Mark’s audience, the people of Rome would have known what taking up the cross meant. Death on a cross was a form of execution used by Rome for dangerous criminals. A prisoner carried his own cross to the place of execution, signifying submission to Rome’s power. Jesus used the image of carrying a cross to illustrate the ultimate submission required of his followers and the heroic effort needed to follow him moment by moment, to do his will even when the work is difficult, and the future looks bleak. Can we be willing to lose our lives for the sake of the gospel, not because our lives are useless but because nothing, not even life itself, can compare to what we gain with Christ? Jesus wants us to choose to follow him rather than to lead a life of sin and self-satisfaction. He wants us to stop trying to control our own destiny and to let him direct us. This makes good sense because as the Creator, Christ knows better than we do what real life is about. He asks us only to lose our self-centred determination to be in charge. When we make the decision to follow Christ, we will know what it is to live a simple and joyful life, we will live abundantly, we will have sufficient for all our needs and enough to share and will have the promise of eternal life with Christ.


Today we especially think of the Anglican Board of Mission whose faithful missionaries since 1850 have been answering God’s call to serve people in all aspects of their lives, from the spiritual to the practical. First in Melanesia and then the Pacific, Papua New Guinea and throughout the world.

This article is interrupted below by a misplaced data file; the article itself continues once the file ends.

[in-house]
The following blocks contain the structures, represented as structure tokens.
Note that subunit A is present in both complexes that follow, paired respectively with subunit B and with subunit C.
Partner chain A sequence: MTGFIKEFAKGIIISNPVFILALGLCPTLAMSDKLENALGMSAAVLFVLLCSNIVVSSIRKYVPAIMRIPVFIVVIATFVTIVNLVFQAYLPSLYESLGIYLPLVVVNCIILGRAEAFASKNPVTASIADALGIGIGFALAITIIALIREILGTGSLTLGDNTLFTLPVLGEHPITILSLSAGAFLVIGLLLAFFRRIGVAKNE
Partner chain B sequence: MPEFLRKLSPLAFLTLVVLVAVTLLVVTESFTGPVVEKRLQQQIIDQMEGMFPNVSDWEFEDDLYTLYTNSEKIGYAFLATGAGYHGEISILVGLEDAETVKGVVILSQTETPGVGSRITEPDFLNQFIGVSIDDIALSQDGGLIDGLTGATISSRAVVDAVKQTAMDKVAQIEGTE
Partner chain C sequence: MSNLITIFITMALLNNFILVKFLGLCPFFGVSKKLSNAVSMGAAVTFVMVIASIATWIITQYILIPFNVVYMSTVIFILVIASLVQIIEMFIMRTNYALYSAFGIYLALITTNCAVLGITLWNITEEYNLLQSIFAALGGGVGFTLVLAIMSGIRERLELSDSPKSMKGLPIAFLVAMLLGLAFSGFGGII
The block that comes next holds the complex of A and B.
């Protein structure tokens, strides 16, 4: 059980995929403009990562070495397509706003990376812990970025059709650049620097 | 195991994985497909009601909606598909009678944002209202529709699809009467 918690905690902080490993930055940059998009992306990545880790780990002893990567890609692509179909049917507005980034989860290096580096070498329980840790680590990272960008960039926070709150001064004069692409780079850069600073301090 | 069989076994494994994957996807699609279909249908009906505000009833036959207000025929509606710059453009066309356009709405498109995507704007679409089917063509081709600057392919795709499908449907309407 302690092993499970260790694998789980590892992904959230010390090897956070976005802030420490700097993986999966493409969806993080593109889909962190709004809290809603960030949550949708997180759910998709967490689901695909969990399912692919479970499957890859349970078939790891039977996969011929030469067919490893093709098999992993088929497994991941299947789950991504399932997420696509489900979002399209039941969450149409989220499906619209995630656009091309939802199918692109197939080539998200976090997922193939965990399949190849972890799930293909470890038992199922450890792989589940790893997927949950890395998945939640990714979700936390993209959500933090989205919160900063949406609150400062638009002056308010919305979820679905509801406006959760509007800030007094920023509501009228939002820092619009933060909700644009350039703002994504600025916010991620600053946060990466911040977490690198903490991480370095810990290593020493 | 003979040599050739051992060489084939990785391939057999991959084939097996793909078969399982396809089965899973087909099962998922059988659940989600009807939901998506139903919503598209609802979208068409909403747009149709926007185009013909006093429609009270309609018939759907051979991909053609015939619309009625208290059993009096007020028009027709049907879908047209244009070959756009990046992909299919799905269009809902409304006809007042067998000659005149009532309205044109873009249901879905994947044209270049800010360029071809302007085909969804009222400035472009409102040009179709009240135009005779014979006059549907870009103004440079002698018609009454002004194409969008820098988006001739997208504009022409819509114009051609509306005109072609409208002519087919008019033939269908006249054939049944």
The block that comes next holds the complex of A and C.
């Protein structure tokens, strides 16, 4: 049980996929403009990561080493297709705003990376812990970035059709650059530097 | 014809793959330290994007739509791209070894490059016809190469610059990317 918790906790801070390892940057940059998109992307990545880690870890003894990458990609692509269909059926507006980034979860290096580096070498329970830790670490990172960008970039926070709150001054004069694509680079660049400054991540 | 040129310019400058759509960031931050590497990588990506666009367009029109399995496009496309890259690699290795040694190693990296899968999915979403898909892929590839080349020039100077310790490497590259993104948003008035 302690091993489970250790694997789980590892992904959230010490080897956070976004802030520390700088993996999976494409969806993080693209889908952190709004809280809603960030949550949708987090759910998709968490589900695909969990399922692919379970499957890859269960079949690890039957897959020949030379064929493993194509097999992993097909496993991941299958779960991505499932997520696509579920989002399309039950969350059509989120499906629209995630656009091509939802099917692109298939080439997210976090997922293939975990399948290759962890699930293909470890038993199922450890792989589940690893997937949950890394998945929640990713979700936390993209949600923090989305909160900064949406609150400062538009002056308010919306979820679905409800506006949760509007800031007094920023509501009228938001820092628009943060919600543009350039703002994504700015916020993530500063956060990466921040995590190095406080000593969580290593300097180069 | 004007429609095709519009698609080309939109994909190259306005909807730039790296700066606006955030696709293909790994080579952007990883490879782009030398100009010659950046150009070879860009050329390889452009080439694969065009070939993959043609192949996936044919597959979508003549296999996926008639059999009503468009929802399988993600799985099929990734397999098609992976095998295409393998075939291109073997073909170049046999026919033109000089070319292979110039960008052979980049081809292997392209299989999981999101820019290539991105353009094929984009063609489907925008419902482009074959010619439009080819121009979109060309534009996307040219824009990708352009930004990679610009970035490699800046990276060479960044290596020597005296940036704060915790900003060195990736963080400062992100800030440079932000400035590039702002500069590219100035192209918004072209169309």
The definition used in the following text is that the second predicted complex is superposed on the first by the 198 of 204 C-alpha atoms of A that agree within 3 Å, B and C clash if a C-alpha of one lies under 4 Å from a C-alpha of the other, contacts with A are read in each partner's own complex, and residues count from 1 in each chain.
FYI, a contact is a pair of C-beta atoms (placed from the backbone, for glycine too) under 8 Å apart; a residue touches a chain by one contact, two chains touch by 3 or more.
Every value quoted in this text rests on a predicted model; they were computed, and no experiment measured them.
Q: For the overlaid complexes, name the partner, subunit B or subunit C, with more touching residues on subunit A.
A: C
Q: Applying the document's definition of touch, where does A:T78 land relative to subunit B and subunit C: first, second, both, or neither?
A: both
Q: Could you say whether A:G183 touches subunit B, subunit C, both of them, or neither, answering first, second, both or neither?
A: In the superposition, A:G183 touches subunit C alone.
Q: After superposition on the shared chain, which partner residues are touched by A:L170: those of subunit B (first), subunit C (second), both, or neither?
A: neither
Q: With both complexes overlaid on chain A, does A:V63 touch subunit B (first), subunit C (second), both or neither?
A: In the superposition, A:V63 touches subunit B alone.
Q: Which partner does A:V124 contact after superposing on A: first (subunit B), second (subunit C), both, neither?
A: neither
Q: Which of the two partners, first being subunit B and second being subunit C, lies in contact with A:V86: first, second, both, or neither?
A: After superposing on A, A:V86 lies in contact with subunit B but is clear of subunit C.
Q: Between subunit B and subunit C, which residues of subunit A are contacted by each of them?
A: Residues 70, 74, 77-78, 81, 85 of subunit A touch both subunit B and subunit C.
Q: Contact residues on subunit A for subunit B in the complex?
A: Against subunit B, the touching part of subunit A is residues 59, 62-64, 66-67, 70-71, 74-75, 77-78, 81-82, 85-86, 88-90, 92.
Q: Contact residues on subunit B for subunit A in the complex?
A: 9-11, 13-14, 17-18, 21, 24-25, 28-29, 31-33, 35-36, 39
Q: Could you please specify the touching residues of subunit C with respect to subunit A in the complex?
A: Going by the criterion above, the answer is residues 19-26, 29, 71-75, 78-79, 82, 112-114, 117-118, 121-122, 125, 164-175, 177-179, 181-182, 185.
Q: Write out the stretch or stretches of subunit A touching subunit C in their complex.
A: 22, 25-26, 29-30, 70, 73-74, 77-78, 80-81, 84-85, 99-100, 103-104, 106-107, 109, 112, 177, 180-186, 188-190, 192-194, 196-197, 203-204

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This includes all the evangelistic activities of the church in its witness to the Good News, such as ministry, theological education and training, and the development of Christian worship and liturgy resources. Mission also includes providing health and education services, helping people to build capacity to improve food and water resources, and assisting in economic development initiatives. In all its work, ABM seeks to serve God through supporting Partners in mission in their local witness and service. God’s work through ABM extends to Korea, Myanmar, China, Kenya, Zambia, South Sudan and Sudan, Palestine, and the Middle East and our own Aboriginal and Torres Strait Islander Anglicans.

The original mission to Melanesia began with the purchase of a boat. Small boats still travel throughout the Pacific and carry vital supplies and people to remote and otherwise inaccessible parts of the Islands and New Guinea. Some years ago, I had the opportunity to travel in a small boat called a dinghy, with an outboard motor, carrying 5 people, fuel and supplies across the open sea for several hours to the Diocese of Dogura in PNG, to experience firsthand the wonderful work of the local people caring for and educating their own people. Always with limited resources, and limited funds, making do, but achieving great things, relying on donated funding from Australian ABM supporters and prayerful dependence on God.


This year is the 150th Anniversary of the Coming of the Light to the Torres Strait Islands, so join online the Lent Study course “God was on both sides of the Beach” and donate to fund small grants towards projects which support the marks of mission with people so close to our shores. Amen

The Reverend Canon Camellia Flanagan TSSF